Rings of Saturn – Gidim

RIngs of Saturn Gidim Album Cover Artwork

Overt technicality is a staple of some forms of extreme music. It generally occurs when the prefix “tech” is added to a band’s subgenre of choice, but does rear its head in most death and black metal. There is an argument to be made that being able to play blistering runs of hundreds of notes per second comes at the expense of songwriting, impressive though it may be. Bands like Animals as Leaders trade in this seemingly endless well of technical proficiency, as do Dying Fetus and Allegaeon, but certainly for the latter two, penning a good song is the prime directive. On which side of the skillful fence do Rings of Saturn sit, and how does the apparent dichotomy between virtuosity and songwriting mesh on fifth album, Gidim?

The opening notes of Pustules (feat. Charles Caswell of Berried Alive) are able to communicate a base level of aggression with an immediacy necessary for the genre. Caswell’s vocal performance in conjunction with Rings of Saturn’s own Ian Bearer elevates the song beyond a collection of ideas to being a cohesive and well structured narrative. This penchant for construction of songs is present across the vast majority of the album, with Hypodermis Glitch (feat. Dan Watson of Enterprise Earth) standing as the first majorly impressive example of coherent songwriting. This is not to discredit the two songs preceding Hypodermis… It is simply the moment that the wheels snap into motion and the album explodes with the aplomb fans have come to expect of Rings of Saturn.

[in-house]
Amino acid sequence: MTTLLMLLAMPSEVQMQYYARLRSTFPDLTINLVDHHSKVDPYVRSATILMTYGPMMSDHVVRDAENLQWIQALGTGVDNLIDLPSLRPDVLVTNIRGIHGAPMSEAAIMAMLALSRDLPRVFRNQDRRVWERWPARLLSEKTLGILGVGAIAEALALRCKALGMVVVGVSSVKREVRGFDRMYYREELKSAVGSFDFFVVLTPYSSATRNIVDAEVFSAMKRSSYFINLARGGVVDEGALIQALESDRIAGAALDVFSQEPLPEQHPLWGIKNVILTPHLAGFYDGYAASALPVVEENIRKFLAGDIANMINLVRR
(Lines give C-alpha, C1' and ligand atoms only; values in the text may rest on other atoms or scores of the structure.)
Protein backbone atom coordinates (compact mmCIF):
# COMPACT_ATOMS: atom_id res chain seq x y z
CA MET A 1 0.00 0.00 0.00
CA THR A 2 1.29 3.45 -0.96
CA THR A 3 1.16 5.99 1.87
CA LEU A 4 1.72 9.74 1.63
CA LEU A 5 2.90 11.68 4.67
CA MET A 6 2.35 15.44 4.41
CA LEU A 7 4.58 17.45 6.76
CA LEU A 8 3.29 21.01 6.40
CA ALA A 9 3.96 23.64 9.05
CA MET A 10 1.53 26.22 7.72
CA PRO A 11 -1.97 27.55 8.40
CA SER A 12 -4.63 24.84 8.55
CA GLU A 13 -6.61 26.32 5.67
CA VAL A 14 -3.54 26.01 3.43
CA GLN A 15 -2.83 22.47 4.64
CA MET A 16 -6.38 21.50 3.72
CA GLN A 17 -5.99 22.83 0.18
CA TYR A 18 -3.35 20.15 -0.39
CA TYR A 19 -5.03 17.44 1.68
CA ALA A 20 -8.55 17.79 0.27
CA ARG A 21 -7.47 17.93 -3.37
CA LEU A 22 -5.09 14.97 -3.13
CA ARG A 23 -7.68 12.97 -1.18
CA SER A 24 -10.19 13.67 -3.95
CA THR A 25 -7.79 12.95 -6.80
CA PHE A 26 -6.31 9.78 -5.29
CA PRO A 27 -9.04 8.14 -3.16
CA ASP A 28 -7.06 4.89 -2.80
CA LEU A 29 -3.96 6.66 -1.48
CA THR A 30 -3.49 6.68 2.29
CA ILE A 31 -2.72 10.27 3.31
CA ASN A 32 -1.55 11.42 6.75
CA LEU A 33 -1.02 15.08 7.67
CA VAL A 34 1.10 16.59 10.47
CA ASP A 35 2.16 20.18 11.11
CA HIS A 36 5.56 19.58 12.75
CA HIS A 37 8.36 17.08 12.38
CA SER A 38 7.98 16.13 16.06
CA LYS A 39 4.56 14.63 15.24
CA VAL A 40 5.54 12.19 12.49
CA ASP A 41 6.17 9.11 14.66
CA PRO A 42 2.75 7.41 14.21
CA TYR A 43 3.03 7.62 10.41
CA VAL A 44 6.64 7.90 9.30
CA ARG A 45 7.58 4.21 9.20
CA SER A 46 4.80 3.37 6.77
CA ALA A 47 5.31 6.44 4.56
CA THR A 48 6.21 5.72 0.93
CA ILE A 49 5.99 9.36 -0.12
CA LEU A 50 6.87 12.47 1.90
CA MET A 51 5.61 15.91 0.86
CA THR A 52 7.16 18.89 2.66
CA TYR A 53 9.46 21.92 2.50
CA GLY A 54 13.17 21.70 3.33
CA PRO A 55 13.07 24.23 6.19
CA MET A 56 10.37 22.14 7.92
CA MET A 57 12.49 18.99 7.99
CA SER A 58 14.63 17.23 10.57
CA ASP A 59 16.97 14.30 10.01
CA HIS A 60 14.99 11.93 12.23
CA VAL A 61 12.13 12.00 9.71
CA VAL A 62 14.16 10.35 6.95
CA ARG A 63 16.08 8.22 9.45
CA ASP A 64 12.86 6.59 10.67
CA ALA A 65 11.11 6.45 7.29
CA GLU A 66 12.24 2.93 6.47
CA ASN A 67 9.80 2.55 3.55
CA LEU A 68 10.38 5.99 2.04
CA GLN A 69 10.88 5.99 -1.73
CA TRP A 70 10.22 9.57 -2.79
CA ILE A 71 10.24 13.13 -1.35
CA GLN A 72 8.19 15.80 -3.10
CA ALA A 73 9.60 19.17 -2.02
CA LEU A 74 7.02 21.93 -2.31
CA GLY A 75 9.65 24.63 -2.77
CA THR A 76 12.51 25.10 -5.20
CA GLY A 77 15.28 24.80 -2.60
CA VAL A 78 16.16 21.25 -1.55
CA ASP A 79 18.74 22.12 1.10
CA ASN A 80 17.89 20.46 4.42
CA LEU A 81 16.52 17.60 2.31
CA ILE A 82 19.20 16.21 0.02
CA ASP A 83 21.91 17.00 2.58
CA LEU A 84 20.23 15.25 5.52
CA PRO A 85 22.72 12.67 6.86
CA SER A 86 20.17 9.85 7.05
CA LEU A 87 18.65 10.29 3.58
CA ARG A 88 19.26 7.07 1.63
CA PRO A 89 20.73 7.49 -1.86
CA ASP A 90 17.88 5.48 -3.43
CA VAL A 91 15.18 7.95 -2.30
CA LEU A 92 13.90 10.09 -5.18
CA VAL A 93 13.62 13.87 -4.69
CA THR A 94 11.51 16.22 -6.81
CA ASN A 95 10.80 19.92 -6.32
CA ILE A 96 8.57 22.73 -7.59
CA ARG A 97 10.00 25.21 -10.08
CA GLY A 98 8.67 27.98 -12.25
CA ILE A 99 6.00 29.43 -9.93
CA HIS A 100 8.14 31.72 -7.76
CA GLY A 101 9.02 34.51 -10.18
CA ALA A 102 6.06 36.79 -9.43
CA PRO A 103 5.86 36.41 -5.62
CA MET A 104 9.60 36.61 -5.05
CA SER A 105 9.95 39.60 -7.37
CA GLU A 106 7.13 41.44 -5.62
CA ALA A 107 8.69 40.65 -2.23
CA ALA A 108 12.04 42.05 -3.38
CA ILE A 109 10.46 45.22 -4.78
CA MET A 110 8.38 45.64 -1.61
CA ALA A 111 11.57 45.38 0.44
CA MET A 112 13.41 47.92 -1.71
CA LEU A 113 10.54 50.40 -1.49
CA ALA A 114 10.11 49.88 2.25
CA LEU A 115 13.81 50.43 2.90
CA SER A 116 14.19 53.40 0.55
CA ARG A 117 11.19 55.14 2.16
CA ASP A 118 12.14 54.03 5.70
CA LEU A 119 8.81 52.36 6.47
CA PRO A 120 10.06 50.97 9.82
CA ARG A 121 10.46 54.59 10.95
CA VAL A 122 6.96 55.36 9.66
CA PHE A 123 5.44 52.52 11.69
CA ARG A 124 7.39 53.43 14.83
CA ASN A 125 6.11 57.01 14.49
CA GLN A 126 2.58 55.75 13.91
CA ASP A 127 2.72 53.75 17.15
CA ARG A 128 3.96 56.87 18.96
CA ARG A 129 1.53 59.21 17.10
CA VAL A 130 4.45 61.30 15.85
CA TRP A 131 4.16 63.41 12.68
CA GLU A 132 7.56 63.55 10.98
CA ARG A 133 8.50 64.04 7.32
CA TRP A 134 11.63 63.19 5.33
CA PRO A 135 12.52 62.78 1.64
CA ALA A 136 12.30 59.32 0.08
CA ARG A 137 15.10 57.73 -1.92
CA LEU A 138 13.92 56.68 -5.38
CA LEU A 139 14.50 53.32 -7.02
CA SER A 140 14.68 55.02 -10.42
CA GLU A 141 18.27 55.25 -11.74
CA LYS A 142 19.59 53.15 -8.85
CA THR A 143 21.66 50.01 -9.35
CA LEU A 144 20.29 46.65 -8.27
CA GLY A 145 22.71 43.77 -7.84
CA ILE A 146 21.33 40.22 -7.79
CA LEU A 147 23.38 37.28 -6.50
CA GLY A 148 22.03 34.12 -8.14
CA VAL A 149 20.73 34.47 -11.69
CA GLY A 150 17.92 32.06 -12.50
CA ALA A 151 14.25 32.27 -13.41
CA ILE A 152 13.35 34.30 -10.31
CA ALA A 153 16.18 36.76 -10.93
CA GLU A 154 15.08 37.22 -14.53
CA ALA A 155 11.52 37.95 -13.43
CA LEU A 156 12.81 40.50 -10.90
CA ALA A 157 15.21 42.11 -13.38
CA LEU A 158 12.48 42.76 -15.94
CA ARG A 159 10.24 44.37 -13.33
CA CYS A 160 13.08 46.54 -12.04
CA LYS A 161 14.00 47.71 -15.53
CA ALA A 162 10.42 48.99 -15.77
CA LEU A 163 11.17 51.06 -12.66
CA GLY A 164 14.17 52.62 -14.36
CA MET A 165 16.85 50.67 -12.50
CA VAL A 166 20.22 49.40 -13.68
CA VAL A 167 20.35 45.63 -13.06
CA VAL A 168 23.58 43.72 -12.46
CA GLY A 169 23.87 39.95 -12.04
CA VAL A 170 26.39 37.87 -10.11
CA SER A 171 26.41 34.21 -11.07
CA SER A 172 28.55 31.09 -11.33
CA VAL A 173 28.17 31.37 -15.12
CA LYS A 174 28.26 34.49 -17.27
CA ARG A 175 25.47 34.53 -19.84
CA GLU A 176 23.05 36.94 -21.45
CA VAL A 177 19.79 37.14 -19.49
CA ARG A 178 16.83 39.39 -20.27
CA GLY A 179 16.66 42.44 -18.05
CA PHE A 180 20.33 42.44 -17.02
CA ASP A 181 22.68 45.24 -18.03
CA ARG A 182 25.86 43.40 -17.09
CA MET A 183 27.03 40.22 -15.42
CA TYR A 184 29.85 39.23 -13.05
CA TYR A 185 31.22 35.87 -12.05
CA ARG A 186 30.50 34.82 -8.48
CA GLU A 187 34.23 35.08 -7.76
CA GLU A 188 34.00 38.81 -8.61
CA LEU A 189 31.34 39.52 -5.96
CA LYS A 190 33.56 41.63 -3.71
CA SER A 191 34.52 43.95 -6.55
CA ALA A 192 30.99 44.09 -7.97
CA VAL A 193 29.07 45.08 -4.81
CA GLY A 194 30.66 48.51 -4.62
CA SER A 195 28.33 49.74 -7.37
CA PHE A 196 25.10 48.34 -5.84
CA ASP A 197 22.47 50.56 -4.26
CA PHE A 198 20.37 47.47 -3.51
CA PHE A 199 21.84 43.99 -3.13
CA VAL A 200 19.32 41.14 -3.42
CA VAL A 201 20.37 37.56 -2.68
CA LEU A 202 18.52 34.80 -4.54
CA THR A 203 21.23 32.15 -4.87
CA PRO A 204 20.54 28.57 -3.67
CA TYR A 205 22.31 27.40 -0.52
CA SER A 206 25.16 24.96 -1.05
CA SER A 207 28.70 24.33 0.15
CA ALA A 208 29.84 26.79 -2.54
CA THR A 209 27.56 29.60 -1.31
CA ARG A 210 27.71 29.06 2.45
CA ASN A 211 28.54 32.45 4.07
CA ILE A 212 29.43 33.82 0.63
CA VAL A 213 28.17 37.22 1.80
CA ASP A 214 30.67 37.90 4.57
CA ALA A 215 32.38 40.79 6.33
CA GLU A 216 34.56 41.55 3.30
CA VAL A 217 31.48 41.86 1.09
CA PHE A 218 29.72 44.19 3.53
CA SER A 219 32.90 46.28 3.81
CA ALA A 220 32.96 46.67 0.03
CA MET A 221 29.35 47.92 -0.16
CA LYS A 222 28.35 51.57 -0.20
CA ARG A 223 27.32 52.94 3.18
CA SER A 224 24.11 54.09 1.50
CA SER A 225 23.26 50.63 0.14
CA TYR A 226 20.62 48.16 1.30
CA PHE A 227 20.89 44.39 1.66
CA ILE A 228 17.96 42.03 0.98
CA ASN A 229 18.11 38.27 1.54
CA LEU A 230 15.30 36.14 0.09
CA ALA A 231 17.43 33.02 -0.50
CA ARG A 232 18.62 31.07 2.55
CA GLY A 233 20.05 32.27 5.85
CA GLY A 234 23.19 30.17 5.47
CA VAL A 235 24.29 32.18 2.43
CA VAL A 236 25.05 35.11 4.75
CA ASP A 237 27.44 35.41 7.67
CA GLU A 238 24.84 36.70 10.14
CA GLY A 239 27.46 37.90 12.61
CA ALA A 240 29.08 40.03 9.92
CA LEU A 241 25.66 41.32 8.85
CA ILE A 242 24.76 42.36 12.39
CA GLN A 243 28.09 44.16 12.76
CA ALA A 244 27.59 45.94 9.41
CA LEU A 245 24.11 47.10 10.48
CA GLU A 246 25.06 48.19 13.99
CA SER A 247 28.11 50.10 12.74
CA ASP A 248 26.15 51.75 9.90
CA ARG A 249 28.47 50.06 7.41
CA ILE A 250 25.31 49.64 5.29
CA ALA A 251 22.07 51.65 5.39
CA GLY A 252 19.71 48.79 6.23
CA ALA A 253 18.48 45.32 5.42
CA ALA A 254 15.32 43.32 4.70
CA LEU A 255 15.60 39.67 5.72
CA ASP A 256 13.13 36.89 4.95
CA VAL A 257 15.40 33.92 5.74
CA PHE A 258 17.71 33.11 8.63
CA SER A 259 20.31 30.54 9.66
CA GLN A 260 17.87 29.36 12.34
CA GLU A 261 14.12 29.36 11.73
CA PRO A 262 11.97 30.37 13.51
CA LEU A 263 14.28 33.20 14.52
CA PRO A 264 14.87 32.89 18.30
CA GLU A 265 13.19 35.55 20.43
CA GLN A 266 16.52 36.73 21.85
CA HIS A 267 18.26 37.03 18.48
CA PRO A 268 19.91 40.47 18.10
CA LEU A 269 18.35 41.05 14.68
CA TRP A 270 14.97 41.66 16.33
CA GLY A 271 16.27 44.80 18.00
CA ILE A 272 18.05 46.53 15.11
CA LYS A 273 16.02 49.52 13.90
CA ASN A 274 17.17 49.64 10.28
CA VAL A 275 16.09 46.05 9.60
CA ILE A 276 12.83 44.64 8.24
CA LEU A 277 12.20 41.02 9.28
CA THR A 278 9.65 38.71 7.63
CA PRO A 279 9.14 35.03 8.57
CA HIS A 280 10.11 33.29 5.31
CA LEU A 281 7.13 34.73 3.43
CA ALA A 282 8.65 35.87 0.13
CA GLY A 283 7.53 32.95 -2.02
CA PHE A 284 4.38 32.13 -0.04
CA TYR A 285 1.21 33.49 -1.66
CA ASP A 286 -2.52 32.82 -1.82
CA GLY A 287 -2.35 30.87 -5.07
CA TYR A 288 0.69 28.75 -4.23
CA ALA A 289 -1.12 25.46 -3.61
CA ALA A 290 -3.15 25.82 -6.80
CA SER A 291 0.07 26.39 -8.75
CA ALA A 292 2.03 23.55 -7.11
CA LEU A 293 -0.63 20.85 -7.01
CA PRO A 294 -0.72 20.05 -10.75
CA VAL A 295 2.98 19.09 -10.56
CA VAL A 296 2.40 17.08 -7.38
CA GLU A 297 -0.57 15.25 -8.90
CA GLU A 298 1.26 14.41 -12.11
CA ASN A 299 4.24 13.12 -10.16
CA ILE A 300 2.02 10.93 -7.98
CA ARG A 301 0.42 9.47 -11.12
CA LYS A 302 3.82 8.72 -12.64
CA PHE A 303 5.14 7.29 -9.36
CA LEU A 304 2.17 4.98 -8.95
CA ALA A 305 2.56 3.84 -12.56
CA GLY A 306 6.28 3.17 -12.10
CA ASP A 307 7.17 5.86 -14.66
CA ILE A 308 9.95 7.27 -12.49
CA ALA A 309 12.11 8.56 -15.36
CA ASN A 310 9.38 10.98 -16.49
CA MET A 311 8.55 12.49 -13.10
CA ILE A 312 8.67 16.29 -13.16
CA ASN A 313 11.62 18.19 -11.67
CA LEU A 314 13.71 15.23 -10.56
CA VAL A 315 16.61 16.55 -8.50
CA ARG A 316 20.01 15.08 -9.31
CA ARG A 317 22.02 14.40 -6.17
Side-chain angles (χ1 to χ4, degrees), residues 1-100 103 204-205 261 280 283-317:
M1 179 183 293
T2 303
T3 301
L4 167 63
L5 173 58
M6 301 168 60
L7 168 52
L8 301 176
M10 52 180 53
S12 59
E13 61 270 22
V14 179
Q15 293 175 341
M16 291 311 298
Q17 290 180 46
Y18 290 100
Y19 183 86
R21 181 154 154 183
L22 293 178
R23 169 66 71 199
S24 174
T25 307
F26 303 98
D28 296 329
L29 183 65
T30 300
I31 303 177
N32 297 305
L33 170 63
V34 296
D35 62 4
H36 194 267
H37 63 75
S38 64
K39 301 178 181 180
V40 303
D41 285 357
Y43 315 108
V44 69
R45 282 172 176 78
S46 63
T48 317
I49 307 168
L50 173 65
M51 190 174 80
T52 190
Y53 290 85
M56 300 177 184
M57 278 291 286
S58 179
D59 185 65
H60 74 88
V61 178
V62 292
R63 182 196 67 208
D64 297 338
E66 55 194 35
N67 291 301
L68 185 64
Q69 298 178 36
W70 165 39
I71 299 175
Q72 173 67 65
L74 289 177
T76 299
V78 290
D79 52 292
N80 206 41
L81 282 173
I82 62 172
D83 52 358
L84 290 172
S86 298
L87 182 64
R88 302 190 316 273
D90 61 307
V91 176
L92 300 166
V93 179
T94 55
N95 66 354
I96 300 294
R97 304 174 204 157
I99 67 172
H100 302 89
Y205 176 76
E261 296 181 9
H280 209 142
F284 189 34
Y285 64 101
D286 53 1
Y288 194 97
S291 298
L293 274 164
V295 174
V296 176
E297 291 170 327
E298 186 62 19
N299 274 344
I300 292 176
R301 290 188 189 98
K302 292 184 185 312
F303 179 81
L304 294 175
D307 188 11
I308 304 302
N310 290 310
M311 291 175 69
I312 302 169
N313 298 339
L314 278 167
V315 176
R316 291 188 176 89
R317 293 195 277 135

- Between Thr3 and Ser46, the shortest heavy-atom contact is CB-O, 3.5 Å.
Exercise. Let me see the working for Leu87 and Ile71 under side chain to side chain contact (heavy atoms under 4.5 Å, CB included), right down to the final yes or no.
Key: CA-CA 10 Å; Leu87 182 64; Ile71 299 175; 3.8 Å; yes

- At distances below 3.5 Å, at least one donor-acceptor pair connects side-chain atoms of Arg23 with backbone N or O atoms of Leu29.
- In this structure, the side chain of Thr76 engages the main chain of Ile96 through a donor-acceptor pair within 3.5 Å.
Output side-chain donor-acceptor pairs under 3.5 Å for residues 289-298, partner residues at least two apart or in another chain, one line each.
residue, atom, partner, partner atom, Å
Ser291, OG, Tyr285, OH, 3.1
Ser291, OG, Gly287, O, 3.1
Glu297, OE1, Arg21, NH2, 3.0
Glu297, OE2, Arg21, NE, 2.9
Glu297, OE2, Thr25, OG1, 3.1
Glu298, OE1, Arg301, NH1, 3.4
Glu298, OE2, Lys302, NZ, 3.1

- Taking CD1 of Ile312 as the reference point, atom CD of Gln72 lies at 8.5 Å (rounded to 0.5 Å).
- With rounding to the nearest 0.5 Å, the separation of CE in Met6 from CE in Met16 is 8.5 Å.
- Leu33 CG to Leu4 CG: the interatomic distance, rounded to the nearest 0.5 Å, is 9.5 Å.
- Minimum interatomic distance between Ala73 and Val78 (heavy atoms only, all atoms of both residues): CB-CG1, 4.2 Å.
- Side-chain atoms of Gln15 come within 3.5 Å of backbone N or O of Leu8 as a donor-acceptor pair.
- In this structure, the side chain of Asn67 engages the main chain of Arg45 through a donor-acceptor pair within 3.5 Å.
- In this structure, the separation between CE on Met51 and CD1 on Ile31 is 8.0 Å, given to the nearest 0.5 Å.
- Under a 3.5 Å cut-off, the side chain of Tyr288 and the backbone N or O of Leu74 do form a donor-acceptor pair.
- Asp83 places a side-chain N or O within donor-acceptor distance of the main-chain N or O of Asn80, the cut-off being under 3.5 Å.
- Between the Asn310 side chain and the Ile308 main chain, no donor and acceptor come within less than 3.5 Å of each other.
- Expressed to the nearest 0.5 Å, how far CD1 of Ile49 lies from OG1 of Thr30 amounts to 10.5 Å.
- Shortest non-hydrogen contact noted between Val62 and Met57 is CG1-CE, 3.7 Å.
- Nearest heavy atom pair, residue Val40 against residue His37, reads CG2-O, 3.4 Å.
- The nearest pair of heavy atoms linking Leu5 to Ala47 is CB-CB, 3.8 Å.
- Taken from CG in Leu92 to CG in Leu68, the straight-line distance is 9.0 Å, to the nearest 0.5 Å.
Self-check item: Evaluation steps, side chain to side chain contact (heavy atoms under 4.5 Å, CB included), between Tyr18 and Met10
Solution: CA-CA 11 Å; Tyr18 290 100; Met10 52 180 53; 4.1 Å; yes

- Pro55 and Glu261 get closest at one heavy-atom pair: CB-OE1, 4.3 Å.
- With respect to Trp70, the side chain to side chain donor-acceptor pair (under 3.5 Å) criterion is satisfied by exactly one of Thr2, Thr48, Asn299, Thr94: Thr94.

Mastermind and founding member, Lucas Mann, has said of this album that while he is pleased with the results of previous and heavily melodic predecessor, Ultu Ulla, Gidim ‘is a return to Rings of Saturn’s roots. The fan favourite parts of Dingir and Lugal Ki En have been considered for inclusion and expansion’ on this latest offering. This intention certainly rings true with the end result as Gidim toes the line between melody and mind altering technicality cautiously. More often than not successfully. The melodic breaks for blistering guitar runs in Bloated and Stiff are the most straightforward the album gets, and subsequently the most harmonious and pleasing on the ear. However, melody and pleasure are not states in which Rings have made their name, so this feels somewhat jarring in amongst the brutality of the overall sound, nice as they may be. This nicety extends into Mental Prolapse which begins with a sugary sweet guitar phrase that is quickly juxtaposed by the heavy riffing of the breakdown. It’s just a touch too disparate for its own good.

Mann is certainly an innovative guitarist. Playing mainly in diminished phrases of his own invention – a combination of existing scale structures and whole tone arpeggios – the musicianship of Mann and his compatriots cannot be understated. From a purely technical standpoint, this is one of the best albums of the year. The addition of shred phenome, Yo Onityan adds a dimension of the bombast of power metal to the final bars of Tormented Conciseness, and achieves a satisfyingly different flavour in amongst the technical wizardry and pummelling intensity. The speed of The Husk sets a precedent for the latter half of the record, with a beats per minute count surely in the two hundreds for around twenty minutes. This is an exhausting listen for a new comer to Rings of Saturn, but for old stalwarts Gidim is the perfect halfway house in their distinct experimental styles found in prior records. Perhaps a touch over-performed, this album cannot be knocked for a lack of mastery of its instruments, and it delights in the daftness of its own concept. They’re aiming for stratospheric heights, and with some tweaking and refining, they might just get there.

Gidim, the new album from Rings of Saturn, is out via Nuclear Blast Records on 25th October 2019.

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